Political factions which either have no institutionalised access to political power – such as social movements – or are out on the fringe of the political spectrum, are often characterised by being thinly spread over a wide area. Digital media now make it possible for them to get together with those of like mind and exchange ideas and opinions with comparative ease on line. This applies both in a positive sense to political factions with democratic aims – as for example in the context of the Arab Spring – and to protagonists who have politically extremist views and abuse these networking amenities for their own ends. Moreover, protests of all kinds can be organised and coordinated much more simply via social media.

Digital media contribute to a common sense of identity

This exchange of ideas and opinions and networking in digital communities, forums or groups contributes to the formation of a sense of community, the establishment of common aims and thus the formation of a shared group identity. The fact that, when an operation has been carried out, images and film footage of the common protest can be shared in these groups helps to cultivate that identity, strengthen it further and communicate it to the world outside. This probably applies in particular to (political) outsiders, who "finally" feel understood and among kindred spirits when they are in such a group.

With whom does the responsibility lie?

Blocking Trump's account, however, will not solve the fundamental, truly causal problem – which is that we are confronted here with an influential politician who makes no bones about disseminating fake news and openly supporting violent demonstrators.

Professor Hannah Schmid-Petri, University of Passau

Because digital media and, above all, social networks make it possible to communicate millions of times over, the public discourse is becoming more heterogeneous and more diverse – for better or worse. The consequence is that digital media tax our understanding of freedom of speech, because they also enable an enormous number of communication processes which go against what we understand by a constructive societal dialogue. But if we want to uphold the principle of freedom of speech, we must not allow ourselves to be hoodwinked. It goes without saying that each expression of opinion has its legal limits, and of course the publication of content that is in breach of those limits should be punished swiftly and effectively. But blocking Trump's account will not solve the fundamental, truly causal problem – which is that we are confronted here with an influential politician who makes no bones about disseminating fake news and openly supporting violent demonstrators.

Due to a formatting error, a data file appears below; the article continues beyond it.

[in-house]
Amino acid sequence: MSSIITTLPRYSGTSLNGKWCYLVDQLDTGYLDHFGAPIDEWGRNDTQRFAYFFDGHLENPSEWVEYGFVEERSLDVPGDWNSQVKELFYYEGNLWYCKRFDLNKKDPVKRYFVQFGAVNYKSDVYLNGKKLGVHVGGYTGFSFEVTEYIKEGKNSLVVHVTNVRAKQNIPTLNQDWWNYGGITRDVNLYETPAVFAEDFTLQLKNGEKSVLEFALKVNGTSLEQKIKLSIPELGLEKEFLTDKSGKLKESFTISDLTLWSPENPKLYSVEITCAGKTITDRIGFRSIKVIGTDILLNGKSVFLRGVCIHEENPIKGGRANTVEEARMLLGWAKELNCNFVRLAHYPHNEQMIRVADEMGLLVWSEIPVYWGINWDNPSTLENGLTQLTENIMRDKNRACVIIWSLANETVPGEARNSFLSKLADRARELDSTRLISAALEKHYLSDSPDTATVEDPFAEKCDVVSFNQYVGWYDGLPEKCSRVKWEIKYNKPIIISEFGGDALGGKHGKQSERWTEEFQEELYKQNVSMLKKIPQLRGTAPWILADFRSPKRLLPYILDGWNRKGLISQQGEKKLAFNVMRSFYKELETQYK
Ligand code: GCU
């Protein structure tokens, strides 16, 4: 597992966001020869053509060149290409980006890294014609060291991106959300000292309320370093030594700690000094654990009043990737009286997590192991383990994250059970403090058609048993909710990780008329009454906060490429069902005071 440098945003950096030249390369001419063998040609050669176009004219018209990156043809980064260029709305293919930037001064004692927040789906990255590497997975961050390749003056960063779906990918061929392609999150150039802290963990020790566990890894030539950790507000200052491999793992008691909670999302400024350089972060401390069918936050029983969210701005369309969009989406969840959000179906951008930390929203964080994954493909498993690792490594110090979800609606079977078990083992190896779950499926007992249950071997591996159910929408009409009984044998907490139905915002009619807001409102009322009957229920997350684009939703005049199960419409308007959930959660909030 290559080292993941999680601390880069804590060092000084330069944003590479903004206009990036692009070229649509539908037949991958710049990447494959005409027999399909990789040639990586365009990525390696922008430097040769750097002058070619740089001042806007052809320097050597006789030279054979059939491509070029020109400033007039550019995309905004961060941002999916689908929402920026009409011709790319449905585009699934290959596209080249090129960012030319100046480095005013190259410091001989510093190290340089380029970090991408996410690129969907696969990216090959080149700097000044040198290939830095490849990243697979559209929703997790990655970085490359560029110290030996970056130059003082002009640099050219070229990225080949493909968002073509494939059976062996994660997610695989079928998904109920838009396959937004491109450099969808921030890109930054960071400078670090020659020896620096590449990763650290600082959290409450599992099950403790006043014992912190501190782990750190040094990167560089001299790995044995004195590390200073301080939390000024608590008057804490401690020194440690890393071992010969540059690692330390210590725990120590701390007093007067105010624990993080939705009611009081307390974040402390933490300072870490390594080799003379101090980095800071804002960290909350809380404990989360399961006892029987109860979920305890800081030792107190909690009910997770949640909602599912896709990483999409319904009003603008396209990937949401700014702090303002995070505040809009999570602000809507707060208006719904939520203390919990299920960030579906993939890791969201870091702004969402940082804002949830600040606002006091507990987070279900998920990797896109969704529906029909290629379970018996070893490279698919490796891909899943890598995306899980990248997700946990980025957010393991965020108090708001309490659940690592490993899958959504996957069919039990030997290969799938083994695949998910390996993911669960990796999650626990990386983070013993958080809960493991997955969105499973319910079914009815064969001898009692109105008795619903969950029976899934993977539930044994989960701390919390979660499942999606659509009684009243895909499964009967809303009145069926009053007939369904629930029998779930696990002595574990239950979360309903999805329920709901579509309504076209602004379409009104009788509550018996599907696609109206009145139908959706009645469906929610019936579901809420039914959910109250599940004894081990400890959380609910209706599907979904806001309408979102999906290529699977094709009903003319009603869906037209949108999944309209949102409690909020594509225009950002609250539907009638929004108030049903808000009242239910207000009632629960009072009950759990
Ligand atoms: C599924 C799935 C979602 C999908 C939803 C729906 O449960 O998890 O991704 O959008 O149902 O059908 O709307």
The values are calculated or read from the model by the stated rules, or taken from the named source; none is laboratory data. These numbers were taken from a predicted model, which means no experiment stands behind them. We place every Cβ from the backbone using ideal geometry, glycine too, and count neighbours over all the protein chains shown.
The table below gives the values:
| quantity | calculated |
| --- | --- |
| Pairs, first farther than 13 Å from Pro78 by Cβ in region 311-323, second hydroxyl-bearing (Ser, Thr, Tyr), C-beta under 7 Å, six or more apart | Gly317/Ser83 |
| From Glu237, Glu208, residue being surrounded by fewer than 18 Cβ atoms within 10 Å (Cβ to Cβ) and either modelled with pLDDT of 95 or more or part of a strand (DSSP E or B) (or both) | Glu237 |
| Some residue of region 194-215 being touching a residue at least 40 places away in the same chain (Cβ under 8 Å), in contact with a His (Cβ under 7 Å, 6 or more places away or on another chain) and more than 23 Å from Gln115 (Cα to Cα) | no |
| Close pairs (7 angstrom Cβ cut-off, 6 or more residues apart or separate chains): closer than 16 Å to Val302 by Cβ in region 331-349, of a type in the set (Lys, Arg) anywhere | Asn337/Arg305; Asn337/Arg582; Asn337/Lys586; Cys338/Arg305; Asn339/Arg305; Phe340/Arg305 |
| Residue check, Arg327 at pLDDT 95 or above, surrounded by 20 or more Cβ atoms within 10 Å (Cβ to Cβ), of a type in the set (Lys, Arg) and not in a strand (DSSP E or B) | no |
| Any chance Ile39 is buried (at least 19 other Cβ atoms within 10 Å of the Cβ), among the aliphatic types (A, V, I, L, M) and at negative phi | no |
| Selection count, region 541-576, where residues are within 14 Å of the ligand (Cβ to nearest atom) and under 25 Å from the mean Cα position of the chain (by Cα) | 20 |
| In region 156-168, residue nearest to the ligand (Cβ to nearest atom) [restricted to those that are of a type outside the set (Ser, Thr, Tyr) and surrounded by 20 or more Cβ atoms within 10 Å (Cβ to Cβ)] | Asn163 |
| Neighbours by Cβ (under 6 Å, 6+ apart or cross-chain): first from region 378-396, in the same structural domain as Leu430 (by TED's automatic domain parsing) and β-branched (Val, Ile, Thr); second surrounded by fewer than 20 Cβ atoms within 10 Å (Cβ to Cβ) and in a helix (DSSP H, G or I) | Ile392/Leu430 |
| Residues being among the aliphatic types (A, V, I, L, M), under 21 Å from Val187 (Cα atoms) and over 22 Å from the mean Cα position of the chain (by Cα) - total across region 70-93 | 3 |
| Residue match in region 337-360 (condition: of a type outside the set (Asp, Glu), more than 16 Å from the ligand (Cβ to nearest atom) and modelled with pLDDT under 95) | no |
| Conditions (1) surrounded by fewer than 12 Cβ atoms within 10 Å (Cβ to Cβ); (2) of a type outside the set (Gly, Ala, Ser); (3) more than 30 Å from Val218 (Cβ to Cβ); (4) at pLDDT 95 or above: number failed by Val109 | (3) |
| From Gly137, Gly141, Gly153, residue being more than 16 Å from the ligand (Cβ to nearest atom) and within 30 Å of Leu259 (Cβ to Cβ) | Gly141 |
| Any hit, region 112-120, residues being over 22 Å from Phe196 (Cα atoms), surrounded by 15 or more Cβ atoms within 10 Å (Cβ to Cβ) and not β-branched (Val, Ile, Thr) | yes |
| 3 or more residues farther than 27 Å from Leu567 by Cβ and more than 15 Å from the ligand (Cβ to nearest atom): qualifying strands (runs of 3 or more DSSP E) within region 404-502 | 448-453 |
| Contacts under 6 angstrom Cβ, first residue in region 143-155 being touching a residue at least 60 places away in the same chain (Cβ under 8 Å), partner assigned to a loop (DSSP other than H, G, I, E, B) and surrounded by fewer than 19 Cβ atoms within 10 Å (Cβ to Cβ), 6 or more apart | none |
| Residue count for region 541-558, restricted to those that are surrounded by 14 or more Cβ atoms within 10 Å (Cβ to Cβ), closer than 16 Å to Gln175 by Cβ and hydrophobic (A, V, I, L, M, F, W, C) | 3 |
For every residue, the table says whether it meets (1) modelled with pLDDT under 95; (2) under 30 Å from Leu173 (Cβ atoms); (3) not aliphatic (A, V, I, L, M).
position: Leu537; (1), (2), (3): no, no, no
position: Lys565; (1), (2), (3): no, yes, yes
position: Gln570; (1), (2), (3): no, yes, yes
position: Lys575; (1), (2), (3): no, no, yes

All in all, it turns out, social media are not the root of political evil, but they are very-high-performance platforms for communication and group formation which people use both for welcome and for harmful purposes. The utterances people make in social media should be protected by the freedom of speech just as much as table talk and speeches made in public. But the same legal limits of freedom of speech should apply too.